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In 1500 fewer than three million people spoke English; today English speakers number at least a billion worldwide. This book asks how and why a small island people became the nucleus of an empire 'on which the sun never set'. David Rollison argues that the 'English explosion' was the outcome of a long social revolution with roots deep in the medieval past. A succession of crises from the Norman Conquest to the English Revolution were causal links and chains of collective memory in a unique, vernacular, populist movement. The keyword of this long revolution, 'commonwealth', has been largely invisible in traditional constitutional history. This paramic synthesis of political, intellectual, social, cultural, religious, ecomic, literary and linguistic movements offers a 'new constitutional history' in which state institutions and power elites were subordinate and answerable to a greater community that the early modern English called 'commonwealth' and we call 'society'.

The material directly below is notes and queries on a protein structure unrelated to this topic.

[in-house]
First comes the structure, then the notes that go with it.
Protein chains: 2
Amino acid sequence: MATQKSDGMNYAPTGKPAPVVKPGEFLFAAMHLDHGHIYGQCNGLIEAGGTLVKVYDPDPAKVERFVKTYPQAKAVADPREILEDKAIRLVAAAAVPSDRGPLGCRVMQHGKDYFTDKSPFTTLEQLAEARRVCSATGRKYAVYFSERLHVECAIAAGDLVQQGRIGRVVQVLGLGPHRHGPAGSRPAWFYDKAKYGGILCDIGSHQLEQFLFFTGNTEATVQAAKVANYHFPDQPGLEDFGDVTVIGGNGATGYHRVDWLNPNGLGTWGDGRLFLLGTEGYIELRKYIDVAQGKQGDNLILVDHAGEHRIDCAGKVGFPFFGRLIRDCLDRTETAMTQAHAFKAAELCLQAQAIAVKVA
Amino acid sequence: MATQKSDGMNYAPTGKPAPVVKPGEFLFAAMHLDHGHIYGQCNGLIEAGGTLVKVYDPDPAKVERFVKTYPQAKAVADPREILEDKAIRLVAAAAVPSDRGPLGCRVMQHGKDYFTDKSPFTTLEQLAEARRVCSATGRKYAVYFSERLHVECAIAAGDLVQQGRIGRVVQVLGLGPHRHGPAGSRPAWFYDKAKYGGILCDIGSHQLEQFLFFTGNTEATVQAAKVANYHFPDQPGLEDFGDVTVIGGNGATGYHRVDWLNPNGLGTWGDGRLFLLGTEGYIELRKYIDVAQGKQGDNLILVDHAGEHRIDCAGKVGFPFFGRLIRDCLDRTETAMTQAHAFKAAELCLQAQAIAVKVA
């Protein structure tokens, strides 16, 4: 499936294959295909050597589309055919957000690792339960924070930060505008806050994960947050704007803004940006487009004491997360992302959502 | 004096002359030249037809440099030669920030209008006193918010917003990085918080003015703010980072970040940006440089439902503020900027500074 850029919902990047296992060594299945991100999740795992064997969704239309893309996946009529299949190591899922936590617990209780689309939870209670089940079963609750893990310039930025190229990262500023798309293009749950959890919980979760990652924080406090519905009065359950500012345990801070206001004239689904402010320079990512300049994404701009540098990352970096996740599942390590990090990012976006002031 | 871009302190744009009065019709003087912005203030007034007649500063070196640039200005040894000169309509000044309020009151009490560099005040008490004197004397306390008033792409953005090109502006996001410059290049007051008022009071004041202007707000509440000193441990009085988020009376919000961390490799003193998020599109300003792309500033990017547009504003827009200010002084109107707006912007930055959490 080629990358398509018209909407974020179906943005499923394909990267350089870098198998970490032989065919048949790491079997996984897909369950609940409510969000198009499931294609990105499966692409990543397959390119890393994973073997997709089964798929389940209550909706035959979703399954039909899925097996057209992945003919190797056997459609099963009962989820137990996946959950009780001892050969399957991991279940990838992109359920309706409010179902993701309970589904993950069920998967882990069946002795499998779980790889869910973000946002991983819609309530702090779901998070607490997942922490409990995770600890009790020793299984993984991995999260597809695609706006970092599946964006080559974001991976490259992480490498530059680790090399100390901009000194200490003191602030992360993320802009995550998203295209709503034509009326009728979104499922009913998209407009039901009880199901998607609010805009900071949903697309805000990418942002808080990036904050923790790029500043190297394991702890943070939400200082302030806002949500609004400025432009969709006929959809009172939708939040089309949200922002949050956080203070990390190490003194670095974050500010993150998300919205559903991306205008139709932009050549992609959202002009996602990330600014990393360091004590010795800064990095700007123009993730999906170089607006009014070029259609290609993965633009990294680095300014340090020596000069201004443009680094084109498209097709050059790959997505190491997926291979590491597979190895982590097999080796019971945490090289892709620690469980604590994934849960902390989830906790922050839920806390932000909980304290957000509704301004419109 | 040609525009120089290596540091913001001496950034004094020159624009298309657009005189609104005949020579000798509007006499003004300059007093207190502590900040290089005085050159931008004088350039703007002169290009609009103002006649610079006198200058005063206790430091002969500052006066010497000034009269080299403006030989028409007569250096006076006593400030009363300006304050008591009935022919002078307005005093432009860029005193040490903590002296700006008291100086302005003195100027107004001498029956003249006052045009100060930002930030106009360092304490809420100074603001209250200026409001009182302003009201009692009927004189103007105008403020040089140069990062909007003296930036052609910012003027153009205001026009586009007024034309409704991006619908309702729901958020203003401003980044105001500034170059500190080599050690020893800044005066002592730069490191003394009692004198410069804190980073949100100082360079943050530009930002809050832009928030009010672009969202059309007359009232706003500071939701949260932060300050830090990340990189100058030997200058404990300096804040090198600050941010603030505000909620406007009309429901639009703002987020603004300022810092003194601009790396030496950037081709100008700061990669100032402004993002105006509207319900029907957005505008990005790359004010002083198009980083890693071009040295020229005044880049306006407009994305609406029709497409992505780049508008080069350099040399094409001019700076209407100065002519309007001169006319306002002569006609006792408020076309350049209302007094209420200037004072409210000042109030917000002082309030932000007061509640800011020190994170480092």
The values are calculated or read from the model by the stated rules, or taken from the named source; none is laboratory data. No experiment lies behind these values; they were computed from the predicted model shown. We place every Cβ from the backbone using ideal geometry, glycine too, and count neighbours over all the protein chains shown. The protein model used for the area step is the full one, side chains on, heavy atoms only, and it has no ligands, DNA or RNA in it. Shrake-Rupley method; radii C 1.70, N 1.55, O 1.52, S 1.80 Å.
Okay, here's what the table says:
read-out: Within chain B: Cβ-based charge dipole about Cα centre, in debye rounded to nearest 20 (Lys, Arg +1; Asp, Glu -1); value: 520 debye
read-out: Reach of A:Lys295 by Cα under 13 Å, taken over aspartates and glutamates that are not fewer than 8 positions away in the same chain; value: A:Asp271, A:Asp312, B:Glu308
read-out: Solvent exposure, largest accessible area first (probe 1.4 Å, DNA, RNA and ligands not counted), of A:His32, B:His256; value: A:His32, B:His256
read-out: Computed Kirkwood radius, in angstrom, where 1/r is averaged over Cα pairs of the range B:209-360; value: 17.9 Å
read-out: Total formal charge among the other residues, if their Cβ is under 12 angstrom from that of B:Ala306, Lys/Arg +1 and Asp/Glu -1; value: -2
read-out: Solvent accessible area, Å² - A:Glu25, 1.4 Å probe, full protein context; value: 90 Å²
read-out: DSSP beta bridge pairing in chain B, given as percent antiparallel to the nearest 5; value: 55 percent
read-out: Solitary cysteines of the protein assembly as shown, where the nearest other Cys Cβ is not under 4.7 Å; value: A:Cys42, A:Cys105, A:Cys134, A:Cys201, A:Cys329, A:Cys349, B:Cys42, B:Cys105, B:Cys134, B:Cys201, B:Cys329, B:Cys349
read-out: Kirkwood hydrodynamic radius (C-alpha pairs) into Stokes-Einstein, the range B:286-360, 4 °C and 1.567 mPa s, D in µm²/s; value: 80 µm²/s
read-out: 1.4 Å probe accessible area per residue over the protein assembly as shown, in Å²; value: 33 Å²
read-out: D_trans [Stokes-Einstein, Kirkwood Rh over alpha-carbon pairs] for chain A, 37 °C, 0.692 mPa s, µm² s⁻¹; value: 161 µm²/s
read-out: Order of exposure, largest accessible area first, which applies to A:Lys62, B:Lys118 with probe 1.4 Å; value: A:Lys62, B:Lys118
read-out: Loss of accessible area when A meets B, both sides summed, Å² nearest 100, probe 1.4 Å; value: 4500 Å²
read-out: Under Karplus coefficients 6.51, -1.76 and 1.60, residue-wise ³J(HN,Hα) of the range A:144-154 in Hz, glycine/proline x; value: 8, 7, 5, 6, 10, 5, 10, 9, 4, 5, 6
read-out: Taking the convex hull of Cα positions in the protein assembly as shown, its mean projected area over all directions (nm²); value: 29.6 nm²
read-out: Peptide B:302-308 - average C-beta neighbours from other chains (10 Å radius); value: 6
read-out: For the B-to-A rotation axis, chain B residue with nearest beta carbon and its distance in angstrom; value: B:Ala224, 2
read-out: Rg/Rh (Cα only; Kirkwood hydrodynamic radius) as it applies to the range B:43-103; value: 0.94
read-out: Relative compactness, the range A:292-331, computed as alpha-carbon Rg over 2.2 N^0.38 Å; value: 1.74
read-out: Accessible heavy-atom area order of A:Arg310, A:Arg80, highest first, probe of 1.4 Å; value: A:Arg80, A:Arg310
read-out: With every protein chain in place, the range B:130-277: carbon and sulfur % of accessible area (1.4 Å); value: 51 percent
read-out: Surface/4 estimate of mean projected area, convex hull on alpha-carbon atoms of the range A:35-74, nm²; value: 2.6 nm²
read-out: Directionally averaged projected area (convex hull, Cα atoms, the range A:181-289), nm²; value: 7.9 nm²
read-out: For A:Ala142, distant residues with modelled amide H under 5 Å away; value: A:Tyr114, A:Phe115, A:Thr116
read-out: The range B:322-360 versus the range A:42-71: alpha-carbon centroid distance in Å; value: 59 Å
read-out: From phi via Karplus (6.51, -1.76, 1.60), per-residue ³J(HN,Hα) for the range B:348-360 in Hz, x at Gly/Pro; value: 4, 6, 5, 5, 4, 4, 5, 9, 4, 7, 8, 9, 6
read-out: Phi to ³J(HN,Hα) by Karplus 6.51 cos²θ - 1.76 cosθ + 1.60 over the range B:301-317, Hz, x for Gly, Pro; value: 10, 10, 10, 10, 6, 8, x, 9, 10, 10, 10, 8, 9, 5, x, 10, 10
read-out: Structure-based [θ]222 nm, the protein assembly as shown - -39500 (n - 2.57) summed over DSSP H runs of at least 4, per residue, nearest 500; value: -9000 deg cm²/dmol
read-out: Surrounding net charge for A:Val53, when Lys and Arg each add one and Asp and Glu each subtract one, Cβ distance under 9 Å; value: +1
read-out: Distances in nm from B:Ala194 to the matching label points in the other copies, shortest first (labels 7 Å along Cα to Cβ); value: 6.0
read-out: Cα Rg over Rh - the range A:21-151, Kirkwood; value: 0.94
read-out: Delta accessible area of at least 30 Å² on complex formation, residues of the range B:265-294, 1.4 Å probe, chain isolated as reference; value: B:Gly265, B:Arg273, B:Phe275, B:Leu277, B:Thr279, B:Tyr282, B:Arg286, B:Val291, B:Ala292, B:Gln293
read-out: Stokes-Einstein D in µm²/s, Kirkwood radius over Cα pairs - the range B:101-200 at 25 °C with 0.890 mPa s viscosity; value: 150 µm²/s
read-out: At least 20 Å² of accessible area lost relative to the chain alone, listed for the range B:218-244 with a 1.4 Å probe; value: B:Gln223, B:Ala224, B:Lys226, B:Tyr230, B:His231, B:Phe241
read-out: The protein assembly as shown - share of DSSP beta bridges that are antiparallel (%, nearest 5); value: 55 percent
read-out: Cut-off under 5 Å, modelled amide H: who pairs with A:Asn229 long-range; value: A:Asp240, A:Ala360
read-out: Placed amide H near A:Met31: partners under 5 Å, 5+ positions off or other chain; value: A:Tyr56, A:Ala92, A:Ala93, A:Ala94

David Rollison is an independent scholar and Honorary Research Associate at the University of Sydney. He is the author of The Local Origins of Modern Society: Gloucestershire 1500-1800 (1992).